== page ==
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  1. #1
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    SNOW - 29 tubeless vs fatbike

    IMO, you can take a tubeless 29er on any groomed trail that a fatbikes use. In your opinion, at what level of terrain does it start to make a difference?

  2. #2
    Formerly of Kent
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    The difference is that you can take a fatbike on non-groomed trails.

    I.e., you can venture off the local golf course turned XC ski loops.

  3. #3
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    Quote Originally Posted by srs0909 View Post
    IMO, you can take a tubeless 29er on any groomed trail that a fatbikes use. In your opinion, at what level of terrain does it start to make a difference?
    Mtbr has a fat bike section (Fat Bikes - Mtbr.com). You will get more responses there..

  4. #4
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    OK, but aren't the non-groomed trails "groomed" after enough riders go through?

  5. #5
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    I have found that the difference is when there is a crust under the snow.
    The fatties float and can go very fast - almost like they're on cement.
    If the smaller tires of whatever size create too much pressure on the crust, you are constantly breaking through. It is like work.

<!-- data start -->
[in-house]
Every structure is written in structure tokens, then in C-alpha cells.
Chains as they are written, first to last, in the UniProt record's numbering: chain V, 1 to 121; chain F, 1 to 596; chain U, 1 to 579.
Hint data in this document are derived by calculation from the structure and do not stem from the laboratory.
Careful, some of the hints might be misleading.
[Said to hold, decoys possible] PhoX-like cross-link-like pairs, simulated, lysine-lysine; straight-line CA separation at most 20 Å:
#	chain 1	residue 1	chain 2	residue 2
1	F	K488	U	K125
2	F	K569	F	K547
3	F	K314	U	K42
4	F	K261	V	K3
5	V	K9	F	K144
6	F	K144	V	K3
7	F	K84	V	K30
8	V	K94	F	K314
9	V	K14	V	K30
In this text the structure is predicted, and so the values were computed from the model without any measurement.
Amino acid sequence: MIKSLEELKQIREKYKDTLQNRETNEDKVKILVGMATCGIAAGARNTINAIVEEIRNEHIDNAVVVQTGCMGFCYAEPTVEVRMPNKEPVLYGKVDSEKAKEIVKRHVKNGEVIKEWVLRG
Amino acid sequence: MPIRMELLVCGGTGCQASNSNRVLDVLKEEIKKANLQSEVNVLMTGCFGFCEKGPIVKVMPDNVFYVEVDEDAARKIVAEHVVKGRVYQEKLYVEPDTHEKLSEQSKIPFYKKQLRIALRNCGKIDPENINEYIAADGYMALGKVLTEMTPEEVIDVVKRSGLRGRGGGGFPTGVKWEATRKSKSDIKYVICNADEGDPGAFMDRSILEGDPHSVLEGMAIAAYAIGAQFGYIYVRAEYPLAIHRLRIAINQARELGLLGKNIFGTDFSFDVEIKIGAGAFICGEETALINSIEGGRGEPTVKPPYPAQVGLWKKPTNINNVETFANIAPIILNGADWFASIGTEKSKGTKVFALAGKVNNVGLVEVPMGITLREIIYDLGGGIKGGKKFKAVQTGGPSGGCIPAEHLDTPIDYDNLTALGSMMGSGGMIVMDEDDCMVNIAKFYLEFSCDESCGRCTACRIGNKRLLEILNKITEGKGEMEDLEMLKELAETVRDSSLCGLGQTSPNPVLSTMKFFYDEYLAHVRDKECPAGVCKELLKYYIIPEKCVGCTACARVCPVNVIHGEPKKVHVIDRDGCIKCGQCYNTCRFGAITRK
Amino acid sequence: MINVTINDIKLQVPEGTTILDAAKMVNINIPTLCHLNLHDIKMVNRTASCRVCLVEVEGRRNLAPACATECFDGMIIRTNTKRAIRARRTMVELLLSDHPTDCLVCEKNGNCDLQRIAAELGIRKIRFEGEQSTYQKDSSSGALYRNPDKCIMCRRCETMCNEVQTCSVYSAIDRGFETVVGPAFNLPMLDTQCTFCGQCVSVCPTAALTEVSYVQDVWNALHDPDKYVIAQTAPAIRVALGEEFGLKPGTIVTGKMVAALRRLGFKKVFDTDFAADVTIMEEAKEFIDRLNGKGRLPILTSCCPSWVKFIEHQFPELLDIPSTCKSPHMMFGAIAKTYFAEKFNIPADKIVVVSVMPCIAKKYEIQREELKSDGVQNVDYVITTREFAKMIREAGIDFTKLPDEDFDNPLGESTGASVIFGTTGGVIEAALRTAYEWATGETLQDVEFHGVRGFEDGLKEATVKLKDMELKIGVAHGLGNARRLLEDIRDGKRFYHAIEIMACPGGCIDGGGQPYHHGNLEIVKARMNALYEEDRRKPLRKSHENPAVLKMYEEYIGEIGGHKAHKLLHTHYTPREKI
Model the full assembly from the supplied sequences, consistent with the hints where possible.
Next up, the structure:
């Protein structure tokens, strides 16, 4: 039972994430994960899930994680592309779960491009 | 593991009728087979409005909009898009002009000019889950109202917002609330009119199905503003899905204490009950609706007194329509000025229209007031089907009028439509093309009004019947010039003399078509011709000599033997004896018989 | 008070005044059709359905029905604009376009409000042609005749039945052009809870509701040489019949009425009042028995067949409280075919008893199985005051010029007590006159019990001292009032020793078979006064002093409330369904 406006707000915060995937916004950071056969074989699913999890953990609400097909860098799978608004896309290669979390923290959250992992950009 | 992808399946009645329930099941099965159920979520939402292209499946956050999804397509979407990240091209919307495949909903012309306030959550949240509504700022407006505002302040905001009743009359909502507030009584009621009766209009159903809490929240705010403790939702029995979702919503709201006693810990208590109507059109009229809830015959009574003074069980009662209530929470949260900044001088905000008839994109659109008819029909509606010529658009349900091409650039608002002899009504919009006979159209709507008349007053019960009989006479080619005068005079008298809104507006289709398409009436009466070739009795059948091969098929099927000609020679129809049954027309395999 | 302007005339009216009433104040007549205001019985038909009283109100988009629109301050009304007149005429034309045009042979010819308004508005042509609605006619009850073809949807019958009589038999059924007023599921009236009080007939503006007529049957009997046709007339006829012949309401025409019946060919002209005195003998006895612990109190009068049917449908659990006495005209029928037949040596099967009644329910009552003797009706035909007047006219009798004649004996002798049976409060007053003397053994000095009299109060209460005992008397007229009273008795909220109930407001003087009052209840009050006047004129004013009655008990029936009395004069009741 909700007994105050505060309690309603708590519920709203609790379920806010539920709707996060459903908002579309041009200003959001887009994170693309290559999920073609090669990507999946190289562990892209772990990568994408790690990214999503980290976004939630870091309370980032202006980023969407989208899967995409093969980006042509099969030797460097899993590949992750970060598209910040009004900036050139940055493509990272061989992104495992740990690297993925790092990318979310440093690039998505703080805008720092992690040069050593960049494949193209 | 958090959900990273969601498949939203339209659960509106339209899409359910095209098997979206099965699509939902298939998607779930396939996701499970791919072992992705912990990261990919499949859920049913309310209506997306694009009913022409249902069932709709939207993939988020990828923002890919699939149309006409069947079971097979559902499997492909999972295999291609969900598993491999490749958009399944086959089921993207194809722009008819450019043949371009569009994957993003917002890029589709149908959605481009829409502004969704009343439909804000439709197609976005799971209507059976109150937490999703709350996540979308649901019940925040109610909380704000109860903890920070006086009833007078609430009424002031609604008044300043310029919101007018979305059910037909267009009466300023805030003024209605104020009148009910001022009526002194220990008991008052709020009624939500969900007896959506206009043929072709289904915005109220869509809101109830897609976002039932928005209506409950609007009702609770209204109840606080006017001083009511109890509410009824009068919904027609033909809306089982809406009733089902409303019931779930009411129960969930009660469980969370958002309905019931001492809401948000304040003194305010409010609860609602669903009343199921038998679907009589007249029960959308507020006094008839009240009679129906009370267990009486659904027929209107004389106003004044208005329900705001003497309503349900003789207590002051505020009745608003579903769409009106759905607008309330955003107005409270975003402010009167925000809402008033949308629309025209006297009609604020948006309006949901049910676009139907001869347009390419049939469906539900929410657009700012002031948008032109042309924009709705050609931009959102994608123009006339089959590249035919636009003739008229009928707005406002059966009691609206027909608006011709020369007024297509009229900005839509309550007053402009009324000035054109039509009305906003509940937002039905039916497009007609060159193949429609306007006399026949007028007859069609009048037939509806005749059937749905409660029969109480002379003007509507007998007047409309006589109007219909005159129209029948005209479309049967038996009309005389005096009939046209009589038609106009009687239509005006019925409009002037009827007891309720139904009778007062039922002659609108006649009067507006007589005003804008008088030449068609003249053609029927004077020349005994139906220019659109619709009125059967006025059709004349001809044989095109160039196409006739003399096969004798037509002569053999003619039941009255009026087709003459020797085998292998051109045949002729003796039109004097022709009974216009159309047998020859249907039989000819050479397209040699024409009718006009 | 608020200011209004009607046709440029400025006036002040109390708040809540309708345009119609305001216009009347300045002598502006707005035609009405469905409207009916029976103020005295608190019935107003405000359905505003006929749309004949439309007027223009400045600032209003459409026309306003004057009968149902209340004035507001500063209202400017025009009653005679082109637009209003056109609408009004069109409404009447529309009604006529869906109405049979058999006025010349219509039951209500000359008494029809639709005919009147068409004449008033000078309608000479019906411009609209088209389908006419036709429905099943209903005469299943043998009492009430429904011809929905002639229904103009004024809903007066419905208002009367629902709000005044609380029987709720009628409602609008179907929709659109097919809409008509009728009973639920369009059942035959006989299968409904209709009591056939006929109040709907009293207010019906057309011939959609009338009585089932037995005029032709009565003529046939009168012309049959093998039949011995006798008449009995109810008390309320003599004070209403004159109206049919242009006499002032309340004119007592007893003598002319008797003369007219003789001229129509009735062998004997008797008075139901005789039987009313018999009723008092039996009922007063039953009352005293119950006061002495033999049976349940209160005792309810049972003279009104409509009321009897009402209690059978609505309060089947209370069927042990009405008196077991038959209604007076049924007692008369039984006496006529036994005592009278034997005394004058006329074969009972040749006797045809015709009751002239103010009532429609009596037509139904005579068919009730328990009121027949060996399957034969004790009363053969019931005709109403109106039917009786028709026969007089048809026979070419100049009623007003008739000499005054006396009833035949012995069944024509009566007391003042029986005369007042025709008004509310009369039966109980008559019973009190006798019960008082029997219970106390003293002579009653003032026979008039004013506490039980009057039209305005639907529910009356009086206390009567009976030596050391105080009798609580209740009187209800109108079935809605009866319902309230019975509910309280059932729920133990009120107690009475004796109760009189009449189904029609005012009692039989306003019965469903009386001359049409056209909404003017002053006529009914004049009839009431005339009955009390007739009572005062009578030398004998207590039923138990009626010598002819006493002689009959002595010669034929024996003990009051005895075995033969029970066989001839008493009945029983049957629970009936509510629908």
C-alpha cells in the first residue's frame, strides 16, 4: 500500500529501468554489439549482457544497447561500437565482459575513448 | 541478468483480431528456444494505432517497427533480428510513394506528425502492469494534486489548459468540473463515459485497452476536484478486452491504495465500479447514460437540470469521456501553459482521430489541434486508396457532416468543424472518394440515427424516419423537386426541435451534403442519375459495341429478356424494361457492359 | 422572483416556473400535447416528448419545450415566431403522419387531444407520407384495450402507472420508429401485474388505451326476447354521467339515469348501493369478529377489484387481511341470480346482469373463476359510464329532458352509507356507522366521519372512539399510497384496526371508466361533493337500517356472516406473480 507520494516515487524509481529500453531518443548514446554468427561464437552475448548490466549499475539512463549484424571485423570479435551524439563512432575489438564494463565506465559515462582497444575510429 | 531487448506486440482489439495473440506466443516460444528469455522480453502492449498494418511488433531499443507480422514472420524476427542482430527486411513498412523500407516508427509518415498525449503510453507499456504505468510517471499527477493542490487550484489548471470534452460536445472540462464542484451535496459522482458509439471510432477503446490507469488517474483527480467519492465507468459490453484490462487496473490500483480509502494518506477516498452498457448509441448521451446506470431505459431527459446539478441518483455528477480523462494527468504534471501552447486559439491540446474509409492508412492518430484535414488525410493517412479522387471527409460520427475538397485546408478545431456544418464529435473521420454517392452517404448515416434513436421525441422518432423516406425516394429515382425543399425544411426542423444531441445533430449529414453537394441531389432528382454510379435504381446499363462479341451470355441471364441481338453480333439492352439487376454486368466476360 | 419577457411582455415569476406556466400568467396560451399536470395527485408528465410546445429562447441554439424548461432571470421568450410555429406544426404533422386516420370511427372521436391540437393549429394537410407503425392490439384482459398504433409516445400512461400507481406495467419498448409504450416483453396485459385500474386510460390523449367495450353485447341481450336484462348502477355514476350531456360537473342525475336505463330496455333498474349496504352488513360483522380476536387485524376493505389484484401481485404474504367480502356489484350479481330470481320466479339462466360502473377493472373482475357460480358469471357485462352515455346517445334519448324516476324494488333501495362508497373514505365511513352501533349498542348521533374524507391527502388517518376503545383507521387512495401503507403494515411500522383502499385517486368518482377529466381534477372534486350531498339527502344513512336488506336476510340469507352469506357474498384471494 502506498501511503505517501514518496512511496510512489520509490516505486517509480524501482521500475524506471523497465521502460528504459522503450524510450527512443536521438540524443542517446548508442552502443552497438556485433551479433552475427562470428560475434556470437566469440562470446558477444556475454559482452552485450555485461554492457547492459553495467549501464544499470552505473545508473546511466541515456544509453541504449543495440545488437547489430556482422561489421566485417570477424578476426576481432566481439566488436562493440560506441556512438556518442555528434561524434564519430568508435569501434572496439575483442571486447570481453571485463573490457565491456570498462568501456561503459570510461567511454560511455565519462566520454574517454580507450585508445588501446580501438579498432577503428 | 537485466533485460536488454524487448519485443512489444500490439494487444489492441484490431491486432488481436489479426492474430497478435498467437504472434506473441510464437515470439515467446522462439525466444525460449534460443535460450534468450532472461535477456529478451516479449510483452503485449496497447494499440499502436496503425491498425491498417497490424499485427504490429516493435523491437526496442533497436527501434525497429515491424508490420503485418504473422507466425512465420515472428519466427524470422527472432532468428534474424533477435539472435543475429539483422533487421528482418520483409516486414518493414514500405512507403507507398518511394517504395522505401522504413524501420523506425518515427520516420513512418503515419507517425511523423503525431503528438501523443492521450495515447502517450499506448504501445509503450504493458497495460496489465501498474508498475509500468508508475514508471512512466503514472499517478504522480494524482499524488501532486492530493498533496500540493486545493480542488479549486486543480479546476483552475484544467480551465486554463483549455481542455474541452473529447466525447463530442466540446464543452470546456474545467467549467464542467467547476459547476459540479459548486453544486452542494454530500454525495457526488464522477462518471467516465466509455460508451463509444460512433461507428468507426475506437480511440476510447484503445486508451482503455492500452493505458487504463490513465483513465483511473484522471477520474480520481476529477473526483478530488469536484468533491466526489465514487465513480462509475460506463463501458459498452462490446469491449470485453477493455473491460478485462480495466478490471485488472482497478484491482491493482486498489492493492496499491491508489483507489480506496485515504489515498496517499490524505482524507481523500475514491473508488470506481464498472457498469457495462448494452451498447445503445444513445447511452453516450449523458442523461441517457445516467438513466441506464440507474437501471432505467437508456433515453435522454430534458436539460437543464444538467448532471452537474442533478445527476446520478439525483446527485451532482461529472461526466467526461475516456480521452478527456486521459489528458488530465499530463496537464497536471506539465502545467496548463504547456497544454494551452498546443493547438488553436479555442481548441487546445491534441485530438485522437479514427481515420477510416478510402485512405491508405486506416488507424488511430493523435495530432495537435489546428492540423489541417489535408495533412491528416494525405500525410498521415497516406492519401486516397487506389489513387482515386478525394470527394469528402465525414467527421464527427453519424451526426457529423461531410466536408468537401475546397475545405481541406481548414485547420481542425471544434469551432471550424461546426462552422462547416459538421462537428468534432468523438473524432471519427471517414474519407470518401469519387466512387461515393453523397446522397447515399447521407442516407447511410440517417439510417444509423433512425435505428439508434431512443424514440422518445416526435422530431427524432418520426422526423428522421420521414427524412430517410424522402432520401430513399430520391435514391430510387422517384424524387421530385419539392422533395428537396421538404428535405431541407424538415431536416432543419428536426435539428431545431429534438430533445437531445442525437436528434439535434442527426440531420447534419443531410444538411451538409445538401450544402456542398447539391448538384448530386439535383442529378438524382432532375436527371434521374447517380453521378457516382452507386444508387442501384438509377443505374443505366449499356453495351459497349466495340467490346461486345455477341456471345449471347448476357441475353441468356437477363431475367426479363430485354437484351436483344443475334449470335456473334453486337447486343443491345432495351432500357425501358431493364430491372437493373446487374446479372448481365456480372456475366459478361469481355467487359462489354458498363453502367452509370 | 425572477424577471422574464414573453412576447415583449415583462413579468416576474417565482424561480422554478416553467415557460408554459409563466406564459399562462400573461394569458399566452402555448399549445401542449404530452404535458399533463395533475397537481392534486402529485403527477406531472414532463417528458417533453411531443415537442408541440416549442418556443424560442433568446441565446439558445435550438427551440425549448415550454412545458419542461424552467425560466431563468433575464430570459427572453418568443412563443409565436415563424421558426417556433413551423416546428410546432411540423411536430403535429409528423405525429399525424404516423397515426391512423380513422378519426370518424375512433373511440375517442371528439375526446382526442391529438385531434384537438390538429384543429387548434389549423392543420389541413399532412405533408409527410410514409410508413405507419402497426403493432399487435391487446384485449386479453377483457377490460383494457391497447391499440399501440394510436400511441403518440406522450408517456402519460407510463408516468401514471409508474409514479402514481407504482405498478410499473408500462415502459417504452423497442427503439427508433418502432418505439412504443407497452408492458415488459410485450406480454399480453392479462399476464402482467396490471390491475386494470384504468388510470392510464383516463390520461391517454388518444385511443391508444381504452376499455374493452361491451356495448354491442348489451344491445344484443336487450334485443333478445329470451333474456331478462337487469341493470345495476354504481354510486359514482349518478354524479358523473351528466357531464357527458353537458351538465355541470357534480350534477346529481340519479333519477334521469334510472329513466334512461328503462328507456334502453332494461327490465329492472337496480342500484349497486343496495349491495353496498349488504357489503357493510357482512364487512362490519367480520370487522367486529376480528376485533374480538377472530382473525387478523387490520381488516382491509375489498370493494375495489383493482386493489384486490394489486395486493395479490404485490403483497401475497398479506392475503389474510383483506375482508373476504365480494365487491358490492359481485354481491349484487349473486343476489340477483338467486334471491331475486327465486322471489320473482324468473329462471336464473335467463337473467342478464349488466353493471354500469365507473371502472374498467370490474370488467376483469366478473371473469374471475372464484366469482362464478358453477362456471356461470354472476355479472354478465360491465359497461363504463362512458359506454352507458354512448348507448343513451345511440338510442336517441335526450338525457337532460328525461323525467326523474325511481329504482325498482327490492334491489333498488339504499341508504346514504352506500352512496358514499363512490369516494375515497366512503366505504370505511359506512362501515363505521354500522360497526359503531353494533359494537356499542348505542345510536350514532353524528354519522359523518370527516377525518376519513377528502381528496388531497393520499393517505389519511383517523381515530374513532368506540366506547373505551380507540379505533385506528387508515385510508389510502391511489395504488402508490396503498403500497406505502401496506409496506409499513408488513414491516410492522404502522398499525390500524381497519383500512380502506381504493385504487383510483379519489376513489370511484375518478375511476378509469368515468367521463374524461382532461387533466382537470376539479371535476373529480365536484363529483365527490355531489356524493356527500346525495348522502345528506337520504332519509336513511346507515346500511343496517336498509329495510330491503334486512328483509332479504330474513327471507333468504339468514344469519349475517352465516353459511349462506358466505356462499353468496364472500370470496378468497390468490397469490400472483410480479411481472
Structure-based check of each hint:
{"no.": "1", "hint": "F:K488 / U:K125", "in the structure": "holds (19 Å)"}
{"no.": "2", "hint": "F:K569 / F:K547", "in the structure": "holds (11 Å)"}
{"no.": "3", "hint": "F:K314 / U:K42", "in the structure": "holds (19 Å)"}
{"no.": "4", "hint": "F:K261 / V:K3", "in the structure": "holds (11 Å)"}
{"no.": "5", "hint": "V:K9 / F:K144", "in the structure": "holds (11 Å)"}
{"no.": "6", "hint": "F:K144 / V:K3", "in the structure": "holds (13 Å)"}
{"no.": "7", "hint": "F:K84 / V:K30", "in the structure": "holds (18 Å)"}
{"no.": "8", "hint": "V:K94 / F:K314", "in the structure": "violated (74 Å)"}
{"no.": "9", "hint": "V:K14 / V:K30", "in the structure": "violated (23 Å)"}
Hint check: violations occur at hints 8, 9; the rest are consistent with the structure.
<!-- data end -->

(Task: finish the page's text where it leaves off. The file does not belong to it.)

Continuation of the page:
-F
    It's never easier - you just go faster.

  6. #6
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    ^+10 lol CRUST. Dont have a fatty but ive tried to ride on crusted snow. I dont care if you like riding more than having sex, Id rather stay home where its warm and and watch my kids same cartoon 100x than try to pedal through that crap. clyde+crusted over snow=torture. Hell I think there are method of torture Id enjoy more than than riding that crap.

    Plenty of other things like deepish snow, slushy wet snow, trying to ride snowmobile ruts, tend to not be all that fun but Ill ride it on my 29er just so I can ride. BUt Im saving for a fatbike so I can truly enjoy winter riding.
    Trek Marlin 29er

    Like It, Love It, Want Some More Of It!

  7. #7
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    Ride we did in March, we had two guys on fat bikes, 5 on non-fats.